Moreover, because the node 130 is made from a material that is more resilient than the housing 128, the node 130 may be made to deform or flex by increasing the pressure within the expandable member 106. Accordingly, as the pressure within the expandable member 106 increases, the node 130 flexes outwardly against the abrading member 134. The hinge 136 of the abrading member 134 is constructed to bend as the pressure exerted by the node 130 on the abrading member 134 increases. Thus, the abrading member 134 is rotated from the position shown in FIG. 5 to the position shown in FIG. 6 as the volume of the expandable member increases. At this higher pressure, more water is forced through the orifice 132 as indicated by the double arrows in FIG. 6.

Once the abrading member 134 is in the position shown in FIG. 6, the abrading member 134 may be used to loosen tissue by moving the expandable member 106 to the right as viewed in FIG. 6. As the abrading member 134 scrapes tissue, the loosened tissue is flushed by the fluid exiting the orifice 132 toward the internal bore 120 of the cannula 104. Accordingly, the loosened tissue is directed out of the disc 138, down the internal bore 120 to the outlet port 112 as indicated by the double arrows in FIG. 2. The fluid and the excised tissue then pass through the tube 116 to the drain 114.

Thus, the expandable member 106 is used to create a cavity within the disc 138 that is larger than the diameter of the cannula 104 which is used to access the disc 138. The expandable member 106 may be used to create an even larger cavity. By way of example, further increases in the pressure of the fluid within the expandable member 106 results in additional flexing of the node 130 outwardly against the abrading member 134 as the volume of the expandable member further increases. Thus, the abrading member 134 is further rotated from the position shown in FIG. 6 to the position shown in FIG. 7. At this higher pressure, more water is forced through the orifice 132 as indicated by the triple arrows in FIG. 7.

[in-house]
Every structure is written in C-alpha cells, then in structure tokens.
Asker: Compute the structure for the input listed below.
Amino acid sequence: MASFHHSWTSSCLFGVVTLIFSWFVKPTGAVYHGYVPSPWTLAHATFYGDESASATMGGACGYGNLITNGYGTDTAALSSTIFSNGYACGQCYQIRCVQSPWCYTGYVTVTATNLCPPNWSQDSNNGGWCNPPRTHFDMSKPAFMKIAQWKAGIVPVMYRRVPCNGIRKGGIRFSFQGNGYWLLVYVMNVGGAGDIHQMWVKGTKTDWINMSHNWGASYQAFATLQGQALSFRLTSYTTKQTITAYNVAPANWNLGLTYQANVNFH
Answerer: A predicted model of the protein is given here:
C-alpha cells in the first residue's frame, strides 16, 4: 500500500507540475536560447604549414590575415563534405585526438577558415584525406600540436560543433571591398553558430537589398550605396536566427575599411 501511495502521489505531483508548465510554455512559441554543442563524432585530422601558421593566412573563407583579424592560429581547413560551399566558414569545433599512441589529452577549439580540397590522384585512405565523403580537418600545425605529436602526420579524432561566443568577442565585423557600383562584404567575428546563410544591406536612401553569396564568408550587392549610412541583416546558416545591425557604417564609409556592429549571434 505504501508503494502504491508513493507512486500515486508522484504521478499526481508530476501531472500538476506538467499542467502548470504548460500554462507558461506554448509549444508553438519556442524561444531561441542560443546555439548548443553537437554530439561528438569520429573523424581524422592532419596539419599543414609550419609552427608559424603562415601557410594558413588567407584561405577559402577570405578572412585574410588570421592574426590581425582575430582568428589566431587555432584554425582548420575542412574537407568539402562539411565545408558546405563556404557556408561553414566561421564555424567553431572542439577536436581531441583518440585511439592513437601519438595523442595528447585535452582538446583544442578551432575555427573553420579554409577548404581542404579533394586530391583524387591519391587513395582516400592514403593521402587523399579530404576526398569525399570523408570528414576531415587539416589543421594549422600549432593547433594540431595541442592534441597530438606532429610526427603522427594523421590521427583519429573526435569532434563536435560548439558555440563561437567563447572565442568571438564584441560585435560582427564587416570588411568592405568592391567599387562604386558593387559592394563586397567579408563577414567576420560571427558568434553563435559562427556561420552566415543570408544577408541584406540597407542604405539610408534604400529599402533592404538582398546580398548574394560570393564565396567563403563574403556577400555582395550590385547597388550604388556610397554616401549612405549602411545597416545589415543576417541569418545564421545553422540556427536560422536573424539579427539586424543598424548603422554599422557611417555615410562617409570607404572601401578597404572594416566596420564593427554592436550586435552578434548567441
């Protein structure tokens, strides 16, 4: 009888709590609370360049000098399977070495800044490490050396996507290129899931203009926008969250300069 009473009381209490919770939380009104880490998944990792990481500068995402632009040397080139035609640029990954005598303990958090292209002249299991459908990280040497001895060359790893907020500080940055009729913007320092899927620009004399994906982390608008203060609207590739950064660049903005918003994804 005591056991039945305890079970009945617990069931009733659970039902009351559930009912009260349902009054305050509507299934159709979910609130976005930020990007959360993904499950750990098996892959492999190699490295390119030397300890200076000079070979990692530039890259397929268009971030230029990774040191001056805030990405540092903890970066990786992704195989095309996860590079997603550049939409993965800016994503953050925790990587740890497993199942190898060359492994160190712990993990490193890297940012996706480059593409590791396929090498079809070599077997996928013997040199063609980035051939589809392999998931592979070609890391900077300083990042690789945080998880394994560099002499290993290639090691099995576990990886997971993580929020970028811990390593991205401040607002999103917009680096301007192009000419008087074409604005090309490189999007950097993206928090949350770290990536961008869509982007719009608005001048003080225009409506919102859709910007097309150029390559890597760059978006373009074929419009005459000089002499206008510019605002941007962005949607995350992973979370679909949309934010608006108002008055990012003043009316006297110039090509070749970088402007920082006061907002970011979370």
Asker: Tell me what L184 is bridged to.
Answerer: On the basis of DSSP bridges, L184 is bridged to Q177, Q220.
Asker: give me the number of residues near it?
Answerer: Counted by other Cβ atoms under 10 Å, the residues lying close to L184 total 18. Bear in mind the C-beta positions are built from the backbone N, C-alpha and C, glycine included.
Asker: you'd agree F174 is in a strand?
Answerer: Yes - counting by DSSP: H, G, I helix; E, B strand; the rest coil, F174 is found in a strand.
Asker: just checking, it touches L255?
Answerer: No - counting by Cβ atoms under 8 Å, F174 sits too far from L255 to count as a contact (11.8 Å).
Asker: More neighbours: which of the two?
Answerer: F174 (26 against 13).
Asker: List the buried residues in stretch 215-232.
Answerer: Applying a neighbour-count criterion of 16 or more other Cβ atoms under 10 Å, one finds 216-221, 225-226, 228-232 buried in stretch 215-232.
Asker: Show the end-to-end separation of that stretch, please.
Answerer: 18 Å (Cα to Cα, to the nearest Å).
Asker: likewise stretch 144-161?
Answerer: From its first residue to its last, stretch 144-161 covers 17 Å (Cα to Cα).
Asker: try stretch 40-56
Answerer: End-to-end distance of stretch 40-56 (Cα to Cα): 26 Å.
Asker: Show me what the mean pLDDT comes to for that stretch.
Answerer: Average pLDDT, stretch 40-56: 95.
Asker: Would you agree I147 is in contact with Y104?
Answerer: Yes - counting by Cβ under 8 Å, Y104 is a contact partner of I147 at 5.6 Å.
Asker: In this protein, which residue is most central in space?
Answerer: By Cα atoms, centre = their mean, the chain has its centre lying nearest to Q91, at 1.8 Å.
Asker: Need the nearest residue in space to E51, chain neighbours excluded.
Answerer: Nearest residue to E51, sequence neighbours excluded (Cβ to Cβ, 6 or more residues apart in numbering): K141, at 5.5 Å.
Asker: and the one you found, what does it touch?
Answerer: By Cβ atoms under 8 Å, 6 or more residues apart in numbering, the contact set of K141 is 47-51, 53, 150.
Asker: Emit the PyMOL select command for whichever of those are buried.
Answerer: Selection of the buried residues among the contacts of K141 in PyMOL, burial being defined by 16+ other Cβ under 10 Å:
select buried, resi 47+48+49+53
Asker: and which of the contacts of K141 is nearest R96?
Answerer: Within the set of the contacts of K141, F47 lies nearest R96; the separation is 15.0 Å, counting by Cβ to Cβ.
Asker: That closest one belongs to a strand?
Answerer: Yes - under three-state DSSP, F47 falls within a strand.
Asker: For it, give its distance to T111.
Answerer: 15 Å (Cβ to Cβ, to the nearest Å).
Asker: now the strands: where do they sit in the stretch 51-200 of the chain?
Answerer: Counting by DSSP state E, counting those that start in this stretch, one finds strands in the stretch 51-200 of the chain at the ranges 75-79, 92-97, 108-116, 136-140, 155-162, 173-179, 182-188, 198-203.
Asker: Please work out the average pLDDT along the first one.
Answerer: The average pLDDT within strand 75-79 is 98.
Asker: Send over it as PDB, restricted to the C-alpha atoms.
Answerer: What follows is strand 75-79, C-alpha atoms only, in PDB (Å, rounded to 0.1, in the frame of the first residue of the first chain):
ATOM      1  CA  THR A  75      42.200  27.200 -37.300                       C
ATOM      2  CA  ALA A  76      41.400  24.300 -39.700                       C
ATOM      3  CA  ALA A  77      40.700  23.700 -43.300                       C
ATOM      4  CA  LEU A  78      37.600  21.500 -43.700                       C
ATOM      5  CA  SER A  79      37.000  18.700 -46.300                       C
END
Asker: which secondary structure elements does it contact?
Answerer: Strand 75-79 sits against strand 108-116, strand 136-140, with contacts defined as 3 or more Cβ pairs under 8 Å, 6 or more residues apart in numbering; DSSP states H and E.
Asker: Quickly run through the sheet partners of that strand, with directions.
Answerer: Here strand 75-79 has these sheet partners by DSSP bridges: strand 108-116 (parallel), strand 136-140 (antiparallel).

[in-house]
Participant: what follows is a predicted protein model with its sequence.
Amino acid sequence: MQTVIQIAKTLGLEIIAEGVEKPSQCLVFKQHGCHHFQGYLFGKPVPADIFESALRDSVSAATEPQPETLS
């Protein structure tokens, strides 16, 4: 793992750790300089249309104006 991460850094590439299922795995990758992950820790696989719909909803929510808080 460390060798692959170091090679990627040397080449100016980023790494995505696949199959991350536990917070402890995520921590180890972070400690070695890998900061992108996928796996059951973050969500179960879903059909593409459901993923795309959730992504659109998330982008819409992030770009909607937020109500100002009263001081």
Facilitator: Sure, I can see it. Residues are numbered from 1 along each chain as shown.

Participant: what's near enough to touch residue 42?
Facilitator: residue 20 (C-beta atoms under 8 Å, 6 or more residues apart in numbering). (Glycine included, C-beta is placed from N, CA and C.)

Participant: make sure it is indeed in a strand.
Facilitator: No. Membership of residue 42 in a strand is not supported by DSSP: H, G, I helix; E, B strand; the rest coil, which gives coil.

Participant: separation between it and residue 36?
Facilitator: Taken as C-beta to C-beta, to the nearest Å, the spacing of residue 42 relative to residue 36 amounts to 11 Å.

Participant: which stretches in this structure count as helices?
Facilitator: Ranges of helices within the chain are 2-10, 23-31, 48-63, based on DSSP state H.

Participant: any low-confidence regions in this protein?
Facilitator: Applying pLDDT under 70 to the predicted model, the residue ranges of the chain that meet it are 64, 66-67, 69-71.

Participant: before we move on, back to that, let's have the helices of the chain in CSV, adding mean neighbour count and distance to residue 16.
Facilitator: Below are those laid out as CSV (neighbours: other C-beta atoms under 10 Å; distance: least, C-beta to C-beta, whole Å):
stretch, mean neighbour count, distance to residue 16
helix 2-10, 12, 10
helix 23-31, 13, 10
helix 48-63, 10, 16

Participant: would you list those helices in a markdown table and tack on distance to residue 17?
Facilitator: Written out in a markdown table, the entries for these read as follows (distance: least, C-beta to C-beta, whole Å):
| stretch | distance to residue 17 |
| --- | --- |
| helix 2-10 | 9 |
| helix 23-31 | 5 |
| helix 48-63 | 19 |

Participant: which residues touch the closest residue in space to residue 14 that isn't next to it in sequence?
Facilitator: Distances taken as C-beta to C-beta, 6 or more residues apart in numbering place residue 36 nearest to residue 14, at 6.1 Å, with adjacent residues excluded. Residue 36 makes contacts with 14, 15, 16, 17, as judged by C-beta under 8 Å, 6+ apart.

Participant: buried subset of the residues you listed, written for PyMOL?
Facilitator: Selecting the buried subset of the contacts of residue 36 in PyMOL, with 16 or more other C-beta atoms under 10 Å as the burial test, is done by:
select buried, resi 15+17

Once the abrading member 134 is in the position shown in FIG. 7, the abrading member 134 may be used to loosen additional tissue by moving the expandable member 106 to the right as viewed in FIG. 7. As the abrading member 134 loosens additional tissue, the additional tissue is flushed by the fluid exiting the orifice 132 toward the internal bore 120 of the cannula 104. Accordingly, the additional tissue is directed out of the disc 138, down the internal bore 120 to the outlet port 112 as indicated by the double arrows in FIG. 2. The fluid and the additional tissue then pass through the tube 116 to the drain 114.

Accordingly, the expandable member 106 may be controlled to provide cavities having a number of different sizes merely by controlling the pressure within the expandable member 106. In one embodiment, one or more of the expandable member 106, the abrading member 134 and the conduit 118 may be constructed with a radiopaque material to enhance the detection of the position of the tissue removal system components. This allows for more precise determination of tissue clearance.

Once the desired tissue has been removed, the pressure applied to the fluid from the fluid reservoir 102 is reduced. Accordingly, less fluid flows into the expandable member 106 which results in decreased pressure within the expandable member 106. As the pressure within the expandable member 106 decreases, less fluid is forced through the orifice 132. Additionally, because the material used to construct the node 134 is resilient, as the pressure within the expandable member 106 decreases, the node 130 tends to return toward the condition depicted in FIG. 5 thereby reducing the volume of the expandable member. Additionally, the hinge 136 may be constructed of a shape retaining material. Thus, as the node 130 moves in a direction away from the abrading member 134, the hinge 136 provides rotational force to the abrading member 134 such that the abrading member is rotated, for example, from the position shown in FIG. 6 to the position shown in FIG. 7. The expandable member 106 may then be removed from the disc 138 by withdrawing the conduit 118 from the cannula 104.